The cost of renewable energy is in many instances comparable to, and often lower than, the cost of energy from traditional sources at this time. It is possible that the cost from traditional sources will decrease significantly when long-term, high-priced contracts expire. Most aggregation agreements are prepared for this possibility. They typically include a stipulation that if the energy cost for the traditional supplier (Ameren or ComEd) falls below the aggregated cost, the aggregation supplier will be required to meet the lower cost.

Editor's Note: Normal residents may have the opportunity to vote for Municipal Electricity Aggregation again, but Bloomington is not revisiting the topic right now.




Rain Barrel Workshops Scheduled

rain-barrel2While it seemed counter-intuitive at first for interest in our rain barrel workshops to increase this year, now it makes perfect sense.  Although as we all know it is truly harder to fill up a rain barrel during a drought, that's exactly what makes every single drop of rainwater all the more precious.

So to meet the ongoing demand, we have a couple more workshop dates.  In case you are not familiar with our workshops, these are the most cost-effective way to get a high-quality, durable rain barrel.  These are the same exact design as our popular retail rain barrels that you can buy at the EAC for $80 (or $70 if you are an EAC member).  But if you have about an hour to spare and want to come build your own with our help, then sign up today for one of these upcoming workshops.  For the low cost of $38 (or only $28 for EAC members) we will set you up with all the materials, tools, and know-how, and you will go home with your 55-gallon rain barrel built from a reclaimed food-grade plastic drum.

For more details, call the Ecology Action Center at (309) 454-3169.

McLean County Household Hazardous Waste Collection - IT'S ON!

The Ecology Action Center is excited to announce that the highly anticipated HHW Collection Event is on for September 29, from 8 a.m. to 2 p.m. at the Interstate Center!  With nearly three-quarters of the needed funds raised, we are moving forward with the confidence we can reach the $150,000 goal to pay for this event.  But we couldn't have made it this far without your help.  We owe our success with this campaign to the numerous individuals, families, businesses and other community partners who have contributed to the effort.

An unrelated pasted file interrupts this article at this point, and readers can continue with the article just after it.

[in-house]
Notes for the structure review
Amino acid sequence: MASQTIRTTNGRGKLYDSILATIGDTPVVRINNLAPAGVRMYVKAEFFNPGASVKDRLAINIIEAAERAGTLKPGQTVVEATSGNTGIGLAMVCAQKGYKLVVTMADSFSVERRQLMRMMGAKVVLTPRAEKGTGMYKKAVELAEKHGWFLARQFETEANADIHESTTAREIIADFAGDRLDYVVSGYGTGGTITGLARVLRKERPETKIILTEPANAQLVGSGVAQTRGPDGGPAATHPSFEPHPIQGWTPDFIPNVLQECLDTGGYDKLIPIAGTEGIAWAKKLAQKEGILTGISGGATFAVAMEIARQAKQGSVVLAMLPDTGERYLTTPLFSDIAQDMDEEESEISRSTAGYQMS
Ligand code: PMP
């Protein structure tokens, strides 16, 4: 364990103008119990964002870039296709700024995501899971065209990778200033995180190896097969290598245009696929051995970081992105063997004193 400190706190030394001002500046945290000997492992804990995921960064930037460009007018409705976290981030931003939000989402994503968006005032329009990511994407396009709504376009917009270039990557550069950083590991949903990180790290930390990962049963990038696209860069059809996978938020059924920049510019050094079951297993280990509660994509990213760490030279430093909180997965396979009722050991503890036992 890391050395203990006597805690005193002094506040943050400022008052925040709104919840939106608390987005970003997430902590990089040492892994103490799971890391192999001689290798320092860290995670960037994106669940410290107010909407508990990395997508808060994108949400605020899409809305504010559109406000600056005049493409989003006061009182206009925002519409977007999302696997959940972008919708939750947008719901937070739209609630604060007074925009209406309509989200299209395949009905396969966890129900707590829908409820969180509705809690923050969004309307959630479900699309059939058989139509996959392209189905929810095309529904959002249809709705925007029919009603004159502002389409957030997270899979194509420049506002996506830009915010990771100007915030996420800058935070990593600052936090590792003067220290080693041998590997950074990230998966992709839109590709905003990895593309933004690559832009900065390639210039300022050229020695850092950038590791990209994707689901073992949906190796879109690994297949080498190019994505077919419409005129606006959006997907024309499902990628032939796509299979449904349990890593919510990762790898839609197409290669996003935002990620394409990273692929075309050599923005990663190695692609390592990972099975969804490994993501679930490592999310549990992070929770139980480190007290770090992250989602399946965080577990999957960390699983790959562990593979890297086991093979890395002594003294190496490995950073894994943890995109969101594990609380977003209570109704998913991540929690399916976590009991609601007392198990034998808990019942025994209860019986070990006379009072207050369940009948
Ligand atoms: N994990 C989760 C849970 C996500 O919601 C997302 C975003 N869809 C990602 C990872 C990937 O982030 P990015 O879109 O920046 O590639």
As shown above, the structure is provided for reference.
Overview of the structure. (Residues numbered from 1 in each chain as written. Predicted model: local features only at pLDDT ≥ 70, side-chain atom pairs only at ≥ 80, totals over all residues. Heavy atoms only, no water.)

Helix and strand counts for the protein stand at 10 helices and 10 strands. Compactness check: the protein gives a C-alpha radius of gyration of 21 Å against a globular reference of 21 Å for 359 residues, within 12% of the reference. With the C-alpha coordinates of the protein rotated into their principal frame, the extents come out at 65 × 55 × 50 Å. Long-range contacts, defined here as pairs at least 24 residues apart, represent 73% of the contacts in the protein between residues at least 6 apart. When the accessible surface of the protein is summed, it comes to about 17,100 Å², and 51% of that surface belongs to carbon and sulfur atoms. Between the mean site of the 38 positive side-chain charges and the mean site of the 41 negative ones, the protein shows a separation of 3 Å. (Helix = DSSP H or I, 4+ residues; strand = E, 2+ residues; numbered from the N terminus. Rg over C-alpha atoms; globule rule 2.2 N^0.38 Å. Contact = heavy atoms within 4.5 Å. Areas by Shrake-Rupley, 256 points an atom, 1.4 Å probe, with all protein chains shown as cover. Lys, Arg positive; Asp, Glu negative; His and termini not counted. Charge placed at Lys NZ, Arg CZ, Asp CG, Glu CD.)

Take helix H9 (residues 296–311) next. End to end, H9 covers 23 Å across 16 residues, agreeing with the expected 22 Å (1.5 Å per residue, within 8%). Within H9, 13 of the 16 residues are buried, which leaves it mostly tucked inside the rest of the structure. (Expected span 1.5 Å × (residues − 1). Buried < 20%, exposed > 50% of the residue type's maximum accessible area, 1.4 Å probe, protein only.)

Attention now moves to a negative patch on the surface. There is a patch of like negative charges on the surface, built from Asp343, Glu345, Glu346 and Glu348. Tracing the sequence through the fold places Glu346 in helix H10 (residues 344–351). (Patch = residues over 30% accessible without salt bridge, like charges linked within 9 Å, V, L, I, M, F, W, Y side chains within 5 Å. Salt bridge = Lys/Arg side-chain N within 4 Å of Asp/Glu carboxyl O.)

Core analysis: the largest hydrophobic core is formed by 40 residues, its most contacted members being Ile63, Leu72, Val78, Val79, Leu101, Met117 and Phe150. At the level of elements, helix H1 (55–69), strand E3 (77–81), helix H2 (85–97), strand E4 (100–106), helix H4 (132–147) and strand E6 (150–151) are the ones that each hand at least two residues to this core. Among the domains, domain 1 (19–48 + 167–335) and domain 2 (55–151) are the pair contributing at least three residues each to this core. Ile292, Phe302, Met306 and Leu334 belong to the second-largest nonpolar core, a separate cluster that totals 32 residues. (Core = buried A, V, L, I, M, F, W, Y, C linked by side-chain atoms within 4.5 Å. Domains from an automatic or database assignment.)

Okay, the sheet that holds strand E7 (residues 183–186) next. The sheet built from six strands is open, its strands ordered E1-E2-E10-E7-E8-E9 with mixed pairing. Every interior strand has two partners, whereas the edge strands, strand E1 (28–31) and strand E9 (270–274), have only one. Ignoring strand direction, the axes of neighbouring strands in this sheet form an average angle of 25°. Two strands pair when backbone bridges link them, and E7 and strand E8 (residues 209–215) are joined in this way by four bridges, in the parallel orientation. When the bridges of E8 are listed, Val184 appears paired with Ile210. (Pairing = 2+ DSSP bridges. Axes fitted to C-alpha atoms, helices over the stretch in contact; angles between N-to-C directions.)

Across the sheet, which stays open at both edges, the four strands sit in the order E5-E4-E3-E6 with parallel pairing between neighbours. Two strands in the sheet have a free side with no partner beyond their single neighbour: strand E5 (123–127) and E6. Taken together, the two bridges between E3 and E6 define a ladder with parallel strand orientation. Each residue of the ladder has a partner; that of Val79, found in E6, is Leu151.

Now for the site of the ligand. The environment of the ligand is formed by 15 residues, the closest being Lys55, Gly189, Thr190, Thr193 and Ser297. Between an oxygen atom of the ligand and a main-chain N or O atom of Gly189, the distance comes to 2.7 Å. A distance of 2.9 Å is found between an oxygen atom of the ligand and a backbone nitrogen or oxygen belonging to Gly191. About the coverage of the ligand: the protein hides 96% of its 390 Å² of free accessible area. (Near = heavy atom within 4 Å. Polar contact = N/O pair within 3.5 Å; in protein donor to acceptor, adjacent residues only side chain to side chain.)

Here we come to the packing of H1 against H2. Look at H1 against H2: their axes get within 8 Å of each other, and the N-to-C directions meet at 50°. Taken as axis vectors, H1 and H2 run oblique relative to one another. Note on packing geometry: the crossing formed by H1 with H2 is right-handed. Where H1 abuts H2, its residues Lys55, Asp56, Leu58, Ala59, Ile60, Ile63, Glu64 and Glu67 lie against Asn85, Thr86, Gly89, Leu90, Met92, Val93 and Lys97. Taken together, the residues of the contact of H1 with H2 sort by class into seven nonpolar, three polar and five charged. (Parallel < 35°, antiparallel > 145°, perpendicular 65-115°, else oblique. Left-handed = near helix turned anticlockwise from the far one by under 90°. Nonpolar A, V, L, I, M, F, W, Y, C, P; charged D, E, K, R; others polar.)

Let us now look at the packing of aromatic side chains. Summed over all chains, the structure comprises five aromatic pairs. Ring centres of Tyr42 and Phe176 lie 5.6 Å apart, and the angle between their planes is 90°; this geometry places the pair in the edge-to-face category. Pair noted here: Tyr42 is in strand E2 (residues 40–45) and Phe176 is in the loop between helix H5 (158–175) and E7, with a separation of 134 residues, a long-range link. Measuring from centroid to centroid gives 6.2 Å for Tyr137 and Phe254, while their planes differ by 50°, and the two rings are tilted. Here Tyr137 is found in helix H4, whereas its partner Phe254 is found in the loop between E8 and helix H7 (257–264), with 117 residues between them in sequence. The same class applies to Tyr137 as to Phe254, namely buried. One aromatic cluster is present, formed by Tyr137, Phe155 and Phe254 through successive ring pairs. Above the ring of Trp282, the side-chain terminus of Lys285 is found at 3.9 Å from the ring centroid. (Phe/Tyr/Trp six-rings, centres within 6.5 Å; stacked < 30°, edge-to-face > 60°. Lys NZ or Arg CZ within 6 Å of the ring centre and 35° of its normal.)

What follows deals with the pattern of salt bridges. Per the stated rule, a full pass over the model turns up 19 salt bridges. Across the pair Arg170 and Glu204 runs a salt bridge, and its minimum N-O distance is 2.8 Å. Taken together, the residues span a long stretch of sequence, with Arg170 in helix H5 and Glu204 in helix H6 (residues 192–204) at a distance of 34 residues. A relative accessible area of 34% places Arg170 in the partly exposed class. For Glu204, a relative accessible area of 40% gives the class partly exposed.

But much work remains including finding the remaining $41,000 as well as staffing the event.  We invite you to help us:
  1. Please help us spread the word about the September 29 event and also that we still need donations (tax deductible) to pay for it.  We know that 2000 households took advantage of the last HHW event here in 2007.  If 2000 households would right now each donate only $21 each to the HHW Fund, we would reach our fundraising goal immediately.

    You can forward this email to friends, neighbors, and colleagues, or direct them to the EAC's HHW page at or send them an invite via Facebook.  We also have print materials available for sharing - just let us know if you need some.

  2. hhw_shirtWe need volunteers to help work the HHW event on September 29.  Please sign up HERE. (Volunteers must be 18 years old or older).  For a limited time, we are giving away our fancy HHW T-shirt to 5 lucky volunteers.  We will draw 5 names from the next 20 volunteers who sign up to help.   NOTE: Volunteers will NOT be handling hazardous waste - that's what we pay the contractors for.